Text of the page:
27 June 2024

How to stretch children’s thinking – and ours

KewEarly LearningJunior School
How to stretch children’s thinking – and ours
How to stretch children’s thinking – and ours
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Children’s development in the first five years of life is quite extraordinary, which we sometimes forget and take so much of it for granted. Remember back to that tiny newborn that needed every single thing done for them, who communicated by crying – and there were lots of different cries! – which as parents we soon began to work out. Look at your toddler or pre-schooler now: they have so many skills in all areas of their development. Physically, through their motor development, they can walk and run and usually want to head in a different direction to you. They can go to the toilet themselves or are beginning to, they can feed themselves, they can develop social connections, they can separate from you and they have their own thoughts and ideas. I could go on: the development in just a few years is like no other stage in their life.

Another fascinating development to watch unfold is in their use of language. In their own time, they eventually go from crying and whimpering to sounds and words to sentences and lengthy conversations. Sometimes we need to be careful what we wish for, as once children can talk, there is no going back! Some children are speaking and thinking in two or more languages as well, which is such a gift. Children’s language development is amazing. The world over, there is a similar pattern to how children develop the capacity, skill and drive to talk and communicate. For the most part, we just expect this to happen and generally it does.

However, there are many things we can do to enhance their thinking and communication. It is important to support the natural language acquisition process, as children’s ability to communicate is part of their literacy development. For example, modelling turn-taking in conversations from a young age is critical. Children will replicate what they observe, so taking turns to talk is not just about having a functional conversation, but understanding at a cognitive level the idea of waiting and contributing: learning the concept of ‘my turn’ and ‘your turn’. This can be done through imaginative play and though conversations at the dinner table.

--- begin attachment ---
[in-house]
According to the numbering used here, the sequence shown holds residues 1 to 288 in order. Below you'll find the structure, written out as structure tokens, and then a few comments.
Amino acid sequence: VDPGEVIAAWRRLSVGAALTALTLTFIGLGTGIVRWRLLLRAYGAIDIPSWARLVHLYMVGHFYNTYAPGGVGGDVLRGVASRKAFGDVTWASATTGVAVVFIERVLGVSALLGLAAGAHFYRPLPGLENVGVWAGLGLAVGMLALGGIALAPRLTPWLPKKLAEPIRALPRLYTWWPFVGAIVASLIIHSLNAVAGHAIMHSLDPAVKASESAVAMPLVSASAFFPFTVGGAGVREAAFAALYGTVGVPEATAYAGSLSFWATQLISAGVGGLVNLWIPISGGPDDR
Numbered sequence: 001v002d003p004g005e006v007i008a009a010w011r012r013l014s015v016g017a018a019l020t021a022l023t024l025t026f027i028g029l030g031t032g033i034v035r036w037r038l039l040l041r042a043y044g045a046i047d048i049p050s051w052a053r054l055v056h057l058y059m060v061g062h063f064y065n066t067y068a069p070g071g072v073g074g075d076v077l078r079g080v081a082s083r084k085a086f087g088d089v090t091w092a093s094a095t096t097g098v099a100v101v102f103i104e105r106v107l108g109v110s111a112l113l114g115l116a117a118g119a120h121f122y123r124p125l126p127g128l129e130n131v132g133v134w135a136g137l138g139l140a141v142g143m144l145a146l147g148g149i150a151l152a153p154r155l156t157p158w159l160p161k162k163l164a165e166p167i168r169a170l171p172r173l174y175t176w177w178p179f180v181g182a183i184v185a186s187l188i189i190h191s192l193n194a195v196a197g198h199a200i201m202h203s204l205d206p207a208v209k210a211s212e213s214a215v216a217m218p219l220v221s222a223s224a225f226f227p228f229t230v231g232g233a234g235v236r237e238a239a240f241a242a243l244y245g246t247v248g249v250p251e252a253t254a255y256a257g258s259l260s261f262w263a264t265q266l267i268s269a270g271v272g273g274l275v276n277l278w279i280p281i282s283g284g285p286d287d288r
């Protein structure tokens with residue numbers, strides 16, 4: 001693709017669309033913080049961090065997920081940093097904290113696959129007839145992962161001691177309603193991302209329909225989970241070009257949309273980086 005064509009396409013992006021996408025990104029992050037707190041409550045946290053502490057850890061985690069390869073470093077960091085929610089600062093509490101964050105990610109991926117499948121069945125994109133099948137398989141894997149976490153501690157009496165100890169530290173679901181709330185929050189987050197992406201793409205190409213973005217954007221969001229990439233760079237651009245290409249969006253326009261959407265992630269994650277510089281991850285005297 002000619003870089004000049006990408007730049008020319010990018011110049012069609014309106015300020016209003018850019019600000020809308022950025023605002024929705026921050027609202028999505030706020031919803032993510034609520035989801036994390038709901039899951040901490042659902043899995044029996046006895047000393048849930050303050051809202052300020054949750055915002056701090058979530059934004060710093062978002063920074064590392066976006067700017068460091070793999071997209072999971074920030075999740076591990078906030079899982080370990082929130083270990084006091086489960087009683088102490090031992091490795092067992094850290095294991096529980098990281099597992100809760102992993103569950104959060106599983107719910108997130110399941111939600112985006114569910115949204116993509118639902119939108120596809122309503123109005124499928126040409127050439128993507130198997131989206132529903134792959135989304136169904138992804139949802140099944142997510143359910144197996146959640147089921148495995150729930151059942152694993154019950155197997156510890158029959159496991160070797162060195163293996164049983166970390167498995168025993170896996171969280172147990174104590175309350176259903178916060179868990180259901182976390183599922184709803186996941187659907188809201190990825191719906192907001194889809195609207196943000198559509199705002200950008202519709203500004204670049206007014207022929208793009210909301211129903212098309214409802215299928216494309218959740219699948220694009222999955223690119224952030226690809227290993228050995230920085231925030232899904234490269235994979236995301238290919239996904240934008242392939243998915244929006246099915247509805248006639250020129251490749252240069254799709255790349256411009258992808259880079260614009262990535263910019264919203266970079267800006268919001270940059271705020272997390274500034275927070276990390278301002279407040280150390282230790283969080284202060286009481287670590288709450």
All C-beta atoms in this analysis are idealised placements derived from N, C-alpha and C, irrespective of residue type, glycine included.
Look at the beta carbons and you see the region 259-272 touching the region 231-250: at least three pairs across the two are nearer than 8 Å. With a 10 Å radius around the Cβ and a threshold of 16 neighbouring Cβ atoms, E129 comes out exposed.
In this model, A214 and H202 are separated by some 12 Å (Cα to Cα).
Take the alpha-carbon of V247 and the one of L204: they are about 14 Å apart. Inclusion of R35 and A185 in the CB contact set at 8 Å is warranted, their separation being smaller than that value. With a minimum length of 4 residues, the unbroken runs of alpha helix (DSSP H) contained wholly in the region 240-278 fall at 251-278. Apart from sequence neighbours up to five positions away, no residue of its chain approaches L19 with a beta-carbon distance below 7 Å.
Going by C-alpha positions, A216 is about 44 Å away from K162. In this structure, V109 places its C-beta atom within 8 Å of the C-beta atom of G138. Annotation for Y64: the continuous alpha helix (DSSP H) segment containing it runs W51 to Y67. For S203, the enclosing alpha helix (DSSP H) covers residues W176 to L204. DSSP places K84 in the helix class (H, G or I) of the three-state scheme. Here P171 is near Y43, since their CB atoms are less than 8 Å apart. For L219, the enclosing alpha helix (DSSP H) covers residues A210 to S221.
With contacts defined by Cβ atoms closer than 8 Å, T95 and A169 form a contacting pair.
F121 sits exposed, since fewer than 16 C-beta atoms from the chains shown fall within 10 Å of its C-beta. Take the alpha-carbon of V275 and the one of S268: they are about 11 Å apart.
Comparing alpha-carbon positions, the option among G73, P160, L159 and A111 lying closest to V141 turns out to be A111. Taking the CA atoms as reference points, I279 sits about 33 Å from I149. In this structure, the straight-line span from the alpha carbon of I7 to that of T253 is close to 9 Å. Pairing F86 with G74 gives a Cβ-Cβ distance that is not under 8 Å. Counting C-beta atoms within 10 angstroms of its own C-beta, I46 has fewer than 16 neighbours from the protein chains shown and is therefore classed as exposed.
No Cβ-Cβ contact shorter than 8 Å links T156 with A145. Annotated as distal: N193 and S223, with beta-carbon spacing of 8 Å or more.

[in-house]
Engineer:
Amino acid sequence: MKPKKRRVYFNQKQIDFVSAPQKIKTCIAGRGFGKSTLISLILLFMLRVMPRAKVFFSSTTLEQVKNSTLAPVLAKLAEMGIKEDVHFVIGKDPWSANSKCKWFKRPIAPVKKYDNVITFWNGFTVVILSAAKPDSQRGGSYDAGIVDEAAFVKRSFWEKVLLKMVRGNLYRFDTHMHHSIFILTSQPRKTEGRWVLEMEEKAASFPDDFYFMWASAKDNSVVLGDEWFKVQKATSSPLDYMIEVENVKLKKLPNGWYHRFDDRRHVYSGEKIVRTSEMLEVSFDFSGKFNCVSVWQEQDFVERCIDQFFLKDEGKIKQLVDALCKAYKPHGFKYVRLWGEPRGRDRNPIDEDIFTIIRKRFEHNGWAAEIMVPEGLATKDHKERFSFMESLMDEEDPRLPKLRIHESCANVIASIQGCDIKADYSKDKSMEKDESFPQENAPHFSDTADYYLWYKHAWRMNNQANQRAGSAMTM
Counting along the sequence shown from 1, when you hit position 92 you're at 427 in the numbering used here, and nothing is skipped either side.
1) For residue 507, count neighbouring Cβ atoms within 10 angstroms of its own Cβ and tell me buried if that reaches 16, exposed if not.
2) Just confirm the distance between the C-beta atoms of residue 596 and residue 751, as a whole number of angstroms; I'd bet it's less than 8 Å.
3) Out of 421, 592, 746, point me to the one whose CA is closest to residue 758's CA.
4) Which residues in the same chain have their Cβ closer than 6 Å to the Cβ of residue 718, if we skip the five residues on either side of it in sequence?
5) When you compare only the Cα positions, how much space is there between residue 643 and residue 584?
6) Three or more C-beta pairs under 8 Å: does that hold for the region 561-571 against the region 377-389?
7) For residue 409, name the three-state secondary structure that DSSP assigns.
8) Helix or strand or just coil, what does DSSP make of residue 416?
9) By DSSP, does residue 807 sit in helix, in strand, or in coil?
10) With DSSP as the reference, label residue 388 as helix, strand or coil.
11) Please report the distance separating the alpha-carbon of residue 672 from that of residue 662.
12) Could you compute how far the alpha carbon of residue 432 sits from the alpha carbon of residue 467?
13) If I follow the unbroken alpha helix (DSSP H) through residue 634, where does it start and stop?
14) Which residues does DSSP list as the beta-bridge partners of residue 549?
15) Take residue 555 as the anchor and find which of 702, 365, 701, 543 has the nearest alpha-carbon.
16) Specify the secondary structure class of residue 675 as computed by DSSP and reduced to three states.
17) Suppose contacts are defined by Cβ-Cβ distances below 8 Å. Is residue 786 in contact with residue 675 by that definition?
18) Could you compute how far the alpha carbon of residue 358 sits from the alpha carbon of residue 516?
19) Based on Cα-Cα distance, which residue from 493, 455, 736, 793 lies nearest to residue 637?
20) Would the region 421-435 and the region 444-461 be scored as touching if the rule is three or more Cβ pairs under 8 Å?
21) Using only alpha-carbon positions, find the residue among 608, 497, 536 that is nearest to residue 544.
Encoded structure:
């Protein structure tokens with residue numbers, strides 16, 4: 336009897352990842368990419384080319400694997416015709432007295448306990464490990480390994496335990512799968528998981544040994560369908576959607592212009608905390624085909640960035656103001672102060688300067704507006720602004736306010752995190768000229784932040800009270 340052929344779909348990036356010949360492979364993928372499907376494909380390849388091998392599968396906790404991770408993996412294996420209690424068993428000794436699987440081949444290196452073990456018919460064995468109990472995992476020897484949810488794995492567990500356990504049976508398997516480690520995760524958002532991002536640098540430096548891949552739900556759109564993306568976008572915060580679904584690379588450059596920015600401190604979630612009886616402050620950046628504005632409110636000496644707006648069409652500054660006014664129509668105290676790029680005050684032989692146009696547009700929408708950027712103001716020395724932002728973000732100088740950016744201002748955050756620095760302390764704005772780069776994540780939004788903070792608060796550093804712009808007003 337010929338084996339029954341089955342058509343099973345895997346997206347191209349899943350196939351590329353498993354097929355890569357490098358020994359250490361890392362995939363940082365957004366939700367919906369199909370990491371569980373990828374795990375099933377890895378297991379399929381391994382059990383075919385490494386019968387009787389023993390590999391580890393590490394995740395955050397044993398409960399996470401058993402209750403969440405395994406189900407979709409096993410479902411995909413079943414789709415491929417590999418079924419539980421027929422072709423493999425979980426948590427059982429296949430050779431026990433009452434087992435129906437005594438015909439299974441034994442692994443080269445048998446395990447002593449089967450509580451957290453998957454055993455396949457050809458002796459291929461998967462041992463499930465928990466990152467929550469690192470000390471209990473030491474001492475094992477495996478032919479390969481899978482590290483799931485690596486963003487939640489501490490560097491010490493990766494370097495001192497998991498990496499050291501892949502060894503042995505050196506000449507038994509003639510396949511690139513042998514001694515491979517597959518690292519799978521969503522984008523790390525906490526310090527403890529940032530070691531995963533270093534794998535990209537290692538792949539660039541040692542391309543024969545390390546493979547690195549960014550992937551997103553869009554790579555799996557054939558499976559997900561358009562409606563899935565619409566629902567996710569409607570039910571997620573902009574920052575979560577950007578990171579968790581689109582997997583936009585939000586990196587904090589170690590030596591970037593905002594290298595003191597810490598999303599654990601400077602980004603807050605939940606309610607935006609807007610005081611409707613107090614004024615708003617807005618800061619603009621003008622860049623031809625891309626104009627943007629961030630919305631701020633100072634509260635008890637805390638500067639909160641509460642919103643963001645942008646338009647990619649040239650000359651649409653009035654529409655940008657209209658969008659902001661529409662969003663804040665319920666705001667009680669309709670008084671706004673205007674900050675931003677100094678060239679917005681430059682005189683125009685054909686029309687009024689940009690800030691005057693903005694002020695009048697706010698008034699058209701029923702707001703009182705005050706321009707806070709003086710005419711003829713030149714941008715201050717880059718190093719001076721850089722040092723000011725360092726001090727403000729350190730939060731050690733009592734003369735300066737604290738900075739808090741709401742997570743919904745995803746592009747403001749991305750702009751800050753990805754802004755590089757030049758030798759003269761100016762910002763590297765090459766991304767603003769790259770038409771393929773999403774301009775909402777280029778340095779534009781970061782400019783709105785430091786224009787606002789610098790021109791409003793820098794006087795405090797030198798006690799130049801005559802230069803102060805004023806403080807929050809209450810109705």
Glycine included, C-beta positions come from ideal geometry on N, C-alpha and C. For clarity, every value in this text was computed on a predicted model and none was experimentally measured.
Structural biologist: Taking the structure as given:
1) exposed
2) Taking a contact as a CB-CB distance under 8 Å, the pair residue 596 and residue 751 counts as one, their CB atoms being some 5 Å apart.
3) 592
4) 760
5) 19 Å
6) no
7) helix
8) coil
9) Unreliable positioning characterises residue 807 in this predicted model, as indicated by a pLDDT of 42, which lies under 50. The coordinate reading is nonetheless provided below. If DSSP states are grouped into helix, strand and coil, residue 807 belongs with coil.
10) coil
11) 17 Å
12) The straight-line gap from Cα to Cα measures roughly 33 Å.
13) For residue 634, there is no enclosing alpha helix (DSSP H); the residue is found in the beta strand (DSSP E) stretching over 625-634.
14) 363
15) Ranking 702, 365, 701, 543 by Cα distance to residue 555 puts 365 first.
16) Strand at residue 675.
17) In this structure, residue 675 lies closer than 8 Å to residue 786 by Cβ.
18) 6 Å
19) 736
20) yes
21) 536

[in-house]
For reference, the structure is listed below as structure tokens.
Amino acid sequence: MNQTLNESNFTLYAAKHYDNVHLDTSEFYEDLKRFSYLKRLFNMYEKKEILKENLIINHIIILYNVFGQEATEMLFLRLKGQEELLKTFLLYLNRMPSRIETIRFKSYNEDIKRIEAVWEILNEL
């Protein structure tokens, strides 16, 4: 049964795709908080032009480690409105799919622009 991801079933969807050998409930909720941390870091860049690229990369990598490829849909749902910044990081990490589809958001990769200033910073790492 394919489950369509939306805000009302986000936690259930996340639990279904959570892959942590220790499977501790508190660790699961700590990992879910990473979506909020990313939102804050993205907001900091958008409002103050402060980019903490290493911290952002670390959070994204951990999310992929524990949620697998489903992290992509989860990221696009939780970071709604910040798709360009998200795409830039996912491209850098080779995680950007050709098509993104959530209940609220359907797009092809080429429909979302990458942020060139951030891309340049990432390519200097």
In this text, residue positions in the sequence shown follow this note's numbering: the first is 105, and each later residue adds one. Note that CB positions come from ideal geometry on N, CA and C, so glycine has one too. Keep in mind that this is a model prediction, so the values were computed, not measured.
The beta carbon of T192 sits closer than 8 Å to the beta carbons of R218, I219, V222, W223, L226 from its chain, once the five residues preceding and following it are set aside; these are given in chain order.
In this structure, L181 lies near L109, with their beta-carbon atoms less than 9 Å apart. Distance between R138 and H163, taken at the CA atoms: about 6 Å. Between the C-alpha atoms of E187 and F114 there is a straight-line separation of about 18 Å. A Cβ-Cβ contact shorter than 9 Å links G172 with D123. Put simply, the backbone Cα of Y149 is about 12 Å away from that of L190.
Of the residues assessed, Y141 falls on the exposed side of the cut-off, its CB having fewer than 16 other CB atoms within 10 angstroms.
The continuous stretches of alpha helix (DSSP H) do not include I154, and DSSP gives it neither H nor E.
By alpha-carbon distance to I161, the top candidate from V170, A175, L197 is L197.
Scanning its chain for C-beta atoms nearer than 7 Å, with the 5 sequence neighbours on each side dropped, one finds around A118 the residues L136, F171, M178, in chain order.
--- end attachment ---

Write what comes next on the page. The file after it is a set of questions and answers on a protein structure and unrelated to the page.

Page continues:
You can begin to stretch your child’s thinking by asking questions, in particular, big open-ended questions, questions that get children to think, rather than closed or one-word answers. Think of questions that challenge their critical thinking with no particular right or wrong answer, that will encourage interactive conversation. In the ELC, we discuss open-ended questions like:

  • What story did you have today at library? Tell me about the story.
  • What did you like or not like about it? Why?
  • If you were making meals for our family, what would you make for breakfast?
  • What was the best/funniest/hardest thing that happened at kindergarten/school today? Why?

All questions that begin with what, when, where, why, how are all great openers for extending and developing thinking. Opportunities for these questions present themselves all the time, like while walking, playing, driving in the car, bath time, mealtimes and bedtime reading. You don’t need any materials with you – just curiosity and patience.

It is important to allow plenty of thinking time; we all need time to process the question and collect our ideas, thoughts and the vocabulary needed to respond. It is also important to actively listen to the responses – this means giving full attention, eye contact, whole body listening and reframing what they say so they know you have understood. You might use this opportunity to get them to expand more – ‘Why do you think that?’, ‘I’m curious about how you know that?’, ‘What do you think would happen if ...?’, ‘Can you tell me more about …’ – these opportunities for expanding the conversations are also making new synapse connections in their brains and this is a significant time during the early childhood years for an explosion of cognitive development. Don’t be afraid to use some big words to expand their vocabulary and thinking and, most of all, have fun. Children are great to have conversations with. Their thoughts and theories on the world around them are unique as they develop their map and understanding of the world they live in.

Next time you are reading a bedtime book, challenge yourself to ask, ‘How might you end this differently?’

Wendy Seidler
Director of ELC Kew


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